The U.S. Court of Appeals for the Second Circuit recently affirmed an order of restitution by the U.S. District Court for the Eastern District of New York, denying a request by the defendant (Roy Ageloff) to release some of the funds that had been held by the Court pending his resentencing. U.S. v. Catoggio, No. 11-3474, slip op. (2nd Cir., October 10, 2012).
Ageloff and his partner, Robert Catoggio, engaged in a significant “pump-and-dump” securities fraud scheme from 1991 to 1998. Eventually, Mr. Ageloff entered a plea of guilty to one count of racketeering and stipulated to a sentence enhancement of 18 levels for a fraud that amounted to losses exceeding $80 million. His original sentence, which included $80 million in restitution under the Mandatory Victim’s Restitution Act (“MVRA”), 18 U.S.C. 3663(A), was reversed and remanded based on a finding that the order of restitution had been issued without first identifying the victims and their losses. See, U.S. v. Catoggio, 326 F.3d 323, 324 (2nd Cir. 2003).
On remand, the government submitted a report prepared by the National Association of Securities Dealers (“NASD”) that documented an estimated $190 million in losses suffered by more than 9,000 victims. Prior to the resentencing, Ageloff had requested access to portions of the $536,000 that he had deposited with the court prior to his initial sentencing so that he could secure counsel of his choice. The district court denied this request.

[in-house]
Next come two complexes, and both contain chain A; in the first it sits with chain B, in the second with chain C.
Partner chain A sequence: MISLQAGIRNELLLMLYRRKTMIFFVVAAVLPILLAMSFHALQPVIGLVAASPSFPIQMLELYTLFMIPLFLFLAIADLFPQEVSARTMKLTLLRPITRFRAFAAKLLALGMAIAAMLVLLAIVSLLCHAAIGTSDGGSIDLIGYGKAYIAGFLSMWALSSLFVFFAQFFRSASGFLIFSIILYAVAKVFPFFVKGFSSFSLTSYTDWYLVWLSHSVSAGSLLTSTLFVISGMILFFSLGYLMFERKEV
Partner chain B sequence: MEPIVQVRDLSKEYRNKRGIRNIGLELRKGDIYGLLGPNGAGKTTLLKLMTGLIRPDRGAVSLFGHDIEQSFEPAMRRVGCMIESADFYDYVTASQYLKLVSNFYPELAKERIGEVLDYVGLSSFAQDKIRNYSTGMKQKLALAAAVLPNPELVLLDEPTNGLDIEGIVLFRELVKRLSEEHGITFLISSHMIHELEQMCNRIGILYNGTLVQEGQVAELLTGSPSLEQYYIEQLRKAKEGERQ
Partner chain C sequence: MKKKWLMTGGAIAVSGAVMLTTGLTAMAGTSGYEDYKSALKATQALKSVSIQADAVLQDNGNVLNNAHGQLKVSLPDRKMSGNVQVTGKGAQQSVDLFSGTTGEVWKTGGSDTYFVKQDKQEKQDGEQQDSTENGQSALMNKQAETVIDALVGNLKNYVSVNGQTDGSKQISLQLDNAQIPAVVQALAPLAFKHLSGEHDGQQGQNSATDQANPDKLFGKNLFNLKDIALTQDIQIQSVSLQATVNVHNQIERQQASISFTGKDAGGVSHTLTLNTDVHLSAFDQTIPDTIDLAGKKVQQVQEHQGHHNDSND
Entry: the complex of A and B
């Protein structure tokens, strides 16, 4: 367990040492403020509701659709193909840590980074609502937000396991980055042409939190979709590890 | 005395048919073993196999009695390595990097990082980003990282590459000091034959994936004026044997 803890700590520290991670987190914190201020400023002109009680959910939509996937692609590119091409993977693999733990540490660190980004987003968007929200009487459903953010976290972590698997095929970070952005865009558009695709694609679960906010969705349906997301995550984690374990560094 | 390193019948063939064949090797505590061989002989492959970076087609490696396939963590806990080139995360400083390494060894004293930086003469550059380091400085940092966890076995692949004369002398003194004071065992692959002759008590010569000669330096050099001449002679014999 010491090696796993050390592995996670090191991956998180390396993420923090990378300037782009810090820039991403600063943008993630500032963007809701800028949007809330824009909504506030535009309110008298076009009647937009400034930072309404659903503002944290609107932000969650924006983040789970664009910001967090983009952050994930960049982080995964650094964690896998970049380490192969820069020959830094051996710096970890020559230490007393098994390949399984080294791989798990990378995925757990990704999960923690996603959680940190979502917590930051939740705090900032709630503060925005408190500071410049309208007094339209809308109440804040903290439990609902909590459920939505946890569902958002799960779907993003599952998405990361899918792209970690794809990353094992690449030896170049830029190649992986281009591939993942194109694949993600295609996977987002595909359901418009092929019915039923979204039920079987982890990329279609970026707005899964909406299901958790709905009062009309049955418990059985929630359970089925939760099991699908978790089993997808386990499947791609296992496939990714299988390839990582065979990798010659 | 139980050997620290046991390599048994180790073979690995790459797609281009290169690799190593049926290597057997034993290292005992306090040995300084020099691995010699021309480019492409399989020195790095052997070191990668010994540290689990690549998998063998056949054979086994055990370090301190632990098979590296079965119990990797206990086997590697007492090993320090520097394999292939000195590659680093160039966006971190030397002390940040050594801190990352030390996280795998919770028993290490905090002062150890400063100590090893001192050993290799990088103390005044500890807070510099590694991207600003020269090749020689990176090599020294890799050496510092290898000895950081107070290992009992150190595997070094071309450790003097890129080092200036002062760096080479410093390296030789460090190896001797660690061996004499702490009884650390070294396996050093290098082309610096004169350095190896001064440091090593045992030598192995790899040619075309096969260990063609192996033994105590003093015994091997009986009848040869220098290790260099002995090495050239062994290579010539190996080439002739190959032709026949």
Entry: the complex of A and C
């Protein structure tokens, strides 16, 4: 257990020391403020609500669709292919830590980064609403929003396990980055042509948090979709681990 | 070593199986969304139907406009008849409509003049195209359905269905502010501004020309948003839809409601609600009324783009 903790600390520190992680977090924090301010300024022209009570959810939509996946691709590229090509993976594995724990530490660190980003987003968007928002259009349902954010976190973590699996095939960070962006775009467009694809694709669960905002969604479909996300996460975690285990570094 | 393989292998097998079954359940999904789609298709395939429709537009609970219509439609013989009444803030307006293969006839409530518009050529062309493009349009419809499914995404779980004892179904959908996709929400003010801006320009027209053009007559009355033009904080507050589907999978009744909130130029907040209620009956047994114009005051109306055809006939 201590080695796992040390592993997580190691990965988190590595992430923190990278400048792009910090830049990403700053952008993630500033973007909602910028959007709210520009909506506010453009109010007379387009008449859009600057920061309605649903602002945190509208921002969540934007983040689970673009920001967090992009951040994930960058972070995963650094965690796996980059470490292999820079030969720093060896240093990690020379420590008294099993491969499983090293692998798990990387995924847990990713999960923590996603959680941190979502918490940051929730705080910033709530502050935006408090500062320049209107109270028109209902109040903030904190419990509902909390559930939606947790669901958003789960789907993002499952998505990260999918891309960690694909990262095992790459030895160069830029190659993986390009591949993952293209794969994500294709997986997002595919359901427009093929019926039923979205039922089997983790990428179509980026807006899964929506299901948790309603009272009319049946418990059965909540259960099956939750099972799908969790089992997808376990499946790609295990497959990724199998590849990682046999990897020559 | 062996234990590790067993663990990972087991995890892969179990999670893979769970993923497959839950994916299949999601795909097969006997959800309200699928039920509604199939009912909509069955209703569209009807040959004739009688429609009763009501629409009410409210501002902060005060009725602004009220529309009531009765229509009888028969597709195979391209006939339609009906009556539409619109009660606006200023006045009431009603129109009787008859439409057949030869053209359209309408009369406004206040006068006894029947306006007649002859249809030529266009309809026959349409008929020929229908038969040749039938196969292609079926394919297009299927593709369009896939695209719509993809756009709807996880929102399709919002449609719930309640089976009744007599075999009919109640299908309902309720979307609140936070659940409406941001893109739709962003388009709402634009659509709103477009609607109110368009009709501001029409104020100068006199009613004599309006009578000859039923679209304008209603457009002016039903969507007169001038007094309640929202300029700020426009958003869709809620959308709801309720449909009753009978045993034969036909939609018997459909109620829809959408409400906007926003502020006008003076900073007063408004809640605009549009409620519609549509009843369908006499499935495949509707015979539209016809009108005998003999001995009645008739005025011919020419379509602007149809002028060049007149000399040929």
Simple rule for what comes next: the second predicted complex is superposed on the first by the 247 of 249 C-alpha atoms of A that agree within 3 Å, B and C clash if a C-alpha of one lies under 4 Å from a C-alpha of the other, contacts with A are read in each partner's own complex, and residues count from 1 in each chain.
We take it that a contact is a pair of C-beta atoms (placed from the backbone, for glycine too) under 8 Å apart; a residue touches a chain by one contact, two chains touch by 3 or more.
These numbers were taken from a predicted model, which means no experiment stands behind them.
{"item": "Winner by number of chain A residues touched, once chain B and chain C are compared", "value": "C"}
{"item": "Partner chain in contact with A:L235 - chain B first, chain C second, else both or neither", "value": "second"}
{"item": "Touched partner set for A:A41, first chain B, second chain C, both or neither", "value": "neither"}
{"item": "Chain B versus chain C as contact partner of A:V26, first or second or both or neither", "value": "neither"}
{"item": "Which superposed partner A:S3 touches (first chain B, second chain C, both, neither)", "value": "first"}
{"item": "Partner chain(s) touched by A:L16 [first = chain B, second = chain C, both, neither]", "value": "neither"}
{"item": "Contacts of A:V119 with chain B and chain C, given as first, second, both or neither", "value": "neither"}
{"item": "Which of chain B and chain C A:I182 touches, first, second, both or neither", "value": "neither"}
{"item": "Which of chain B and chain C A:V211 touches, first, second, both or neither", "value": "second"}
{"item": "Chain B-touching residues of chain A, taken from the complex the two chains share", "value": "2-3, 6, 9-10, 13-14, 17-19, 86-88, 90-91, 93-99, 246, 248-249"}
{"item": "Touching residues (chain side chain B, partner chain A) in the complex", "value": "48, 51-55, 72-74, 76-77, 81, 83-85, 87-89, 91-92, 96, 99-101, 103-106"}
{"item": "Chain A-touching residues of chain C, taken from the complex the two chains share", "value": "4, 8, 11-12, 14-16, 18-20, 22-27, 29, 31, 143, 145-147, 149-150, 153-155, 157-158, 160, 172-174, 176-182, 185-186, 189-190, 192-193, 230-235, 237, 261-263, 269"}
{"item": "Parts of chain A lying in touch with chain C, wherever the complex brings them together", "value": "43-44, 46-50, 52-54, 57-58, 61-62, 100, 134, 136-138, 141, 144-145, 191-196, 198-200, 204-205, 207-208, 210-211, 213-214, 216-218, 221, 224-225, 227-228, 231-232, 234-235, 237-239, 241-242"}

Mr. Ageloff was not resentenced until 2011 due to a variety of factors, including a separate prosecution of Mr. Ageloff in Florida. Ultimately, after reviewing Ageloff’s objections to the NASD report, the district court issued a new restitution order on resentencing, ordering Ageloff to pay just over $190 million. On resentencing, the district court affirmed its rejection of Ageloff’s request for access to any of those previously deposited funds.
In affirming the district court’s restraint of Mr. Ageloff’s funds pending resentencing, the Second Circuit found authority for restraint of funds with the All Writs Act, 28 U.S.C. §1651(a), even though the district court had not cited the Act specifically as authority for its restraint of Mr. Ageloff’s funds. The Court, while acknowledging that the Second Circuit had not previously addressed whether the All Writs Act enables a court to restrain a convicted defendant’s property in anticipation of ordering restitution, found that courts in the Second Circuit and beyond have uniformly found such authority.
The court concluded that the district court properly exercised its authority under the All Writs Act to restrain Ageloff’s assets in anticipation of resentencing. It noted that he had previously entered a plea of guilty to committing a crime for which restitution is mandatory under the MVRA, and that Mr. Ageloff agreed to a sentencing enhancement for fraud for causing losses of $80 million or more. Based on these factors, it was reasonable to conclude that the eventual restitution order was certain to exceed $536,000.
The Court also found no merit in Ageloff’s argument that the refusal to release any of his money denied him the right to counsel of his choice in violation of the 6th Amendment. It supported its conclusion in that regard by citing U.S. v. Monsanto, 491 U.S. 600, 616 (1989), where the U.S. Supreme Court established that a pre-trial restraining order freezing the defendant’s assets did “not ‘arbitrarily’ interfere with the defendant’s ‘fair opportunity’ to retain counsel.”